Meningiomas are tumors that develop in the cells of the membrane that surrounds the brain and spinal cord. Meningiomas (also called meningeal tumors) account for approximately 15 percent of all intracranial tumors. Most of these tumors are benign (non-cancerous and slow-growing). Meningiomas are typically removed with surgery. Some meningiomas may not need immediate treatment and may remain undetected for years. Most meningiomas are diagnosed in women between 30 and 50 years old.
Common meningioma symptoms
Meningioma symptoms vary depending on their size and location within the central nervous system. They may include:
- Headache when waking up in the morning or during the night
- Headaches that worsen with time
- Dull, persistent headache
- Changes in vision, such as double vision or blurriness
- Hearing loss
- Memory loss
- Loss of smell
- Weakness in the arms or legs
- Persistent nausea or vomiting
- Physical weakness or paralysis
- Epilepsy (seizures)
- New onset of neurological deficits (speech disorders, clumsiness)
NOTE: These symptoms may be attributed to a number of conditions other than cancer. It is important to consult with a medical professional for an accurate diagnosis.
Advanced treatments for meningioma
Common treatments for meningioma include:
Surgery: The most common treatment for symptomatic meningiomas involves removal of the tumors. A surgeon typically performs a craniotomy to open the skull and remove the tumor. A pathologist may examine a biopsy of the tissue to determine the tumor’s grade. If the tumor cannot be completely removed because of its location or other factors, the remainder of the tumor may be treated with radiation therapy.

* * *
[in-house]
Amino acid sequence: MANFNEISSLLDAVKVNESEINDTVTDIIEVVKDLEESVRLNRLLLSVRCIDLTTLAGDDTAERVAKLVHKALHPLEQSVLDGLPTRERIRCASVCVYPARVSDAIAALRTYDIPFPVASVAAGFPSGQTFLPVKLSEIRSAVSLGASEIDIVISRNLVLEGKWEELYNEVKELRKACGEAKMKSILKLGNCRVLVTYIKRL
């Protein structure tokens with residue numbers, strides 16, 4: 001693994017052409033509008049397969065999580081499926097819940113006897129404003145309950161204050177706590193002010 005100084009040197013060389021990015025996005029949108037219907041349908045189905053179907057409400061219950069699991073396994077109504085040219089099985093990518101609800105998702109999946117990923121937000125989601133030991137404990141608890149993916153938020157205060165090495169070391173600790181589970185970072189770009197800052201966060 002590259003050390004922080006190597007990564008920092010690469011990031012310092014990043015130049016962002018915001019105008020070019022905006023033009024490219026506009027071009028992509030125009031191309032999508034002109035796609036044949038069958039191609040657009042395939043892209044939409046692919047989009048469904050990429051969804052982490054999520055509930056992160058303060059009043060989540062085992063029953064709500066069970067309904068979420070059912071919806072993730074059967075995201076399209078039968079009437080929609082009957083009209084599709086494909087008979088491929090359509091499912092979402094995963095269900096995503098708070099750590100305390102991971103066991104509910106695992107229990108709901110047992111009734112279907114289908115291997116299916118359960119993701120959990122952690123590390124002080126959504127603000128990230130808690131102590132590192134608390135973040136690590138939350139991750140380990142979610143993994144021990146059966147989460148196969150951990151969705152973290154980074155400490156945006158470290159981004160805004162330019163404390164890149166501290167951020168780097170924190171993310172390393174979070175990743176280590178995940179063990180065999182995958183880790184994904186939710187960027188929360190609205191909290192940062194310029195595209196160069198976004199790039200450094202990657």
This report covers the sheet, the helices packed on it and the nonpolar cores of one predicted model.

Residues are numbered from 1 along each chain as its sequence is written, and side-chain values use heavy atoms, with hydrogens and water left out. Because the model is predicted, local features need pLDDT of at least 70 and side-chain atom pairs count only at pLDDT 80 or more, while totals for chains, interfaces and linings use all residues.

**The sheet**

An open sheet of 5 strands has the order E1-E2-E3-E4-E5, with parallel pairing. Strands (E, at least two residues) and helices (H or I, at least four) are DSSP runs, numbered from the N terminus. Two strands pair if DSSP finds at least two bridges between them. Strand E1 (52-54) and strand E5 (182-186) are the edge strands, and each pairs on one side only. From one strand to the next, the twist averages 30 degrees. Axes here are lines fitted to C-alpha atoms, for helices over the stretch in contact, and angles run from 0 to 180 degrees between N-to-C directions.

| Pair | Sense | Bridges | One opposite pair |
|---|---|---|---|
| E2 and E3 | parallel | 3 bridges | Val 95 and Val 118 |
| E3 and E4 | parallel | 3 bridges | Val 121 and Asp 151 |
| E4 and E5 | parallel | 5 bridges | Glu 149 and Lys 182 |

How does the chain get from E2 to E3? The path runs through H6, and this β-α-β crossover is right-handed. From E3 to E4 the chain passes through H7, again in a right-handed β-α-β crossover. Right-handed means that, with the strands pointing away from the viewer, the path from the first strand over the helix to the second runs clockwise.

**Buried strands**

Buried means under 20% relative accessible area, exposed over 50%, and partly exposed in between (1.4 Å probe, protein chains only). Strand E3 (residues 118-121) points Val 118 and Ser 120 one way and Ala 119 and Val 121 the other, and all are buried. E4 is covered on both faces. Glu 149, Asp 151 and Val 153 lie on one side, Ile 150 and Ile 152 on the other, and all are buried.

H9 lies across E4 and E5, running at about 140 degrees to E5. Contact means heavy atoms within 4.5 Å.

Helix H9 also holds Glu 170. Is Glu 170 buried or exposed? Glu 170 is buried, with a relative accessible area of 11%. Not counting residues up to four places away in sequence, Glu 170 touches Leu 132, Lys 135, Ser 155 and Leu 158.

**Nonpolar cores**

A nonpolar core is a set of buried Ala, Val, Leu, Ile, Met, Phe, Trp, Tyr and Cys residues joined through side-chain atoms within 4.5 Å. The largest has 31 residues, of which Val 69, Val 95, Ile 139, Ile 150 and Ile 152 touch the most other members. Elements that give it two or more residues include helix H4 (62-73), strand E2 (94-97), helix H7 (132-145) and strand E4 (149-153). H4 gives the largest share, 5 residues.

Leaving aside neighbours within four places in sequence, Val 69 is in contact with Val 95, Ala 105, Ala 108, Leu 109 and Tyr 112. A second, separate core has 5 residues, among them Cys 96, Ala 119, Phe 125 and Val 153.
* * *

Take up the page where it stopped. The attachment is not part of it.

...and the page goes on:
Radiation therapy: Some tumors may be considered inoperable because they are located too close to areas of the brain that control vital functions. Stereotactic radiosurgery treatments may be used to attack malignant tumor cells with a technique designed to reduce exposure to normal healthy cells. The benefits of radiation may not be immediate but instead may develop over time. When radiation treatments are successful, the tumor will stop growing, shrink or, in some cases, disappear.
Observation: Also called active surveillance or watchful monitoring, observation is considered for meningiomas that cause no symptoms. With this technique, the neurosurgeon continues to evaluate the tumor, often with the aid of periodic imaging and other tests. If the tumor grows or symptoms develop or worsen, surgery or radiation therapy may be recommended.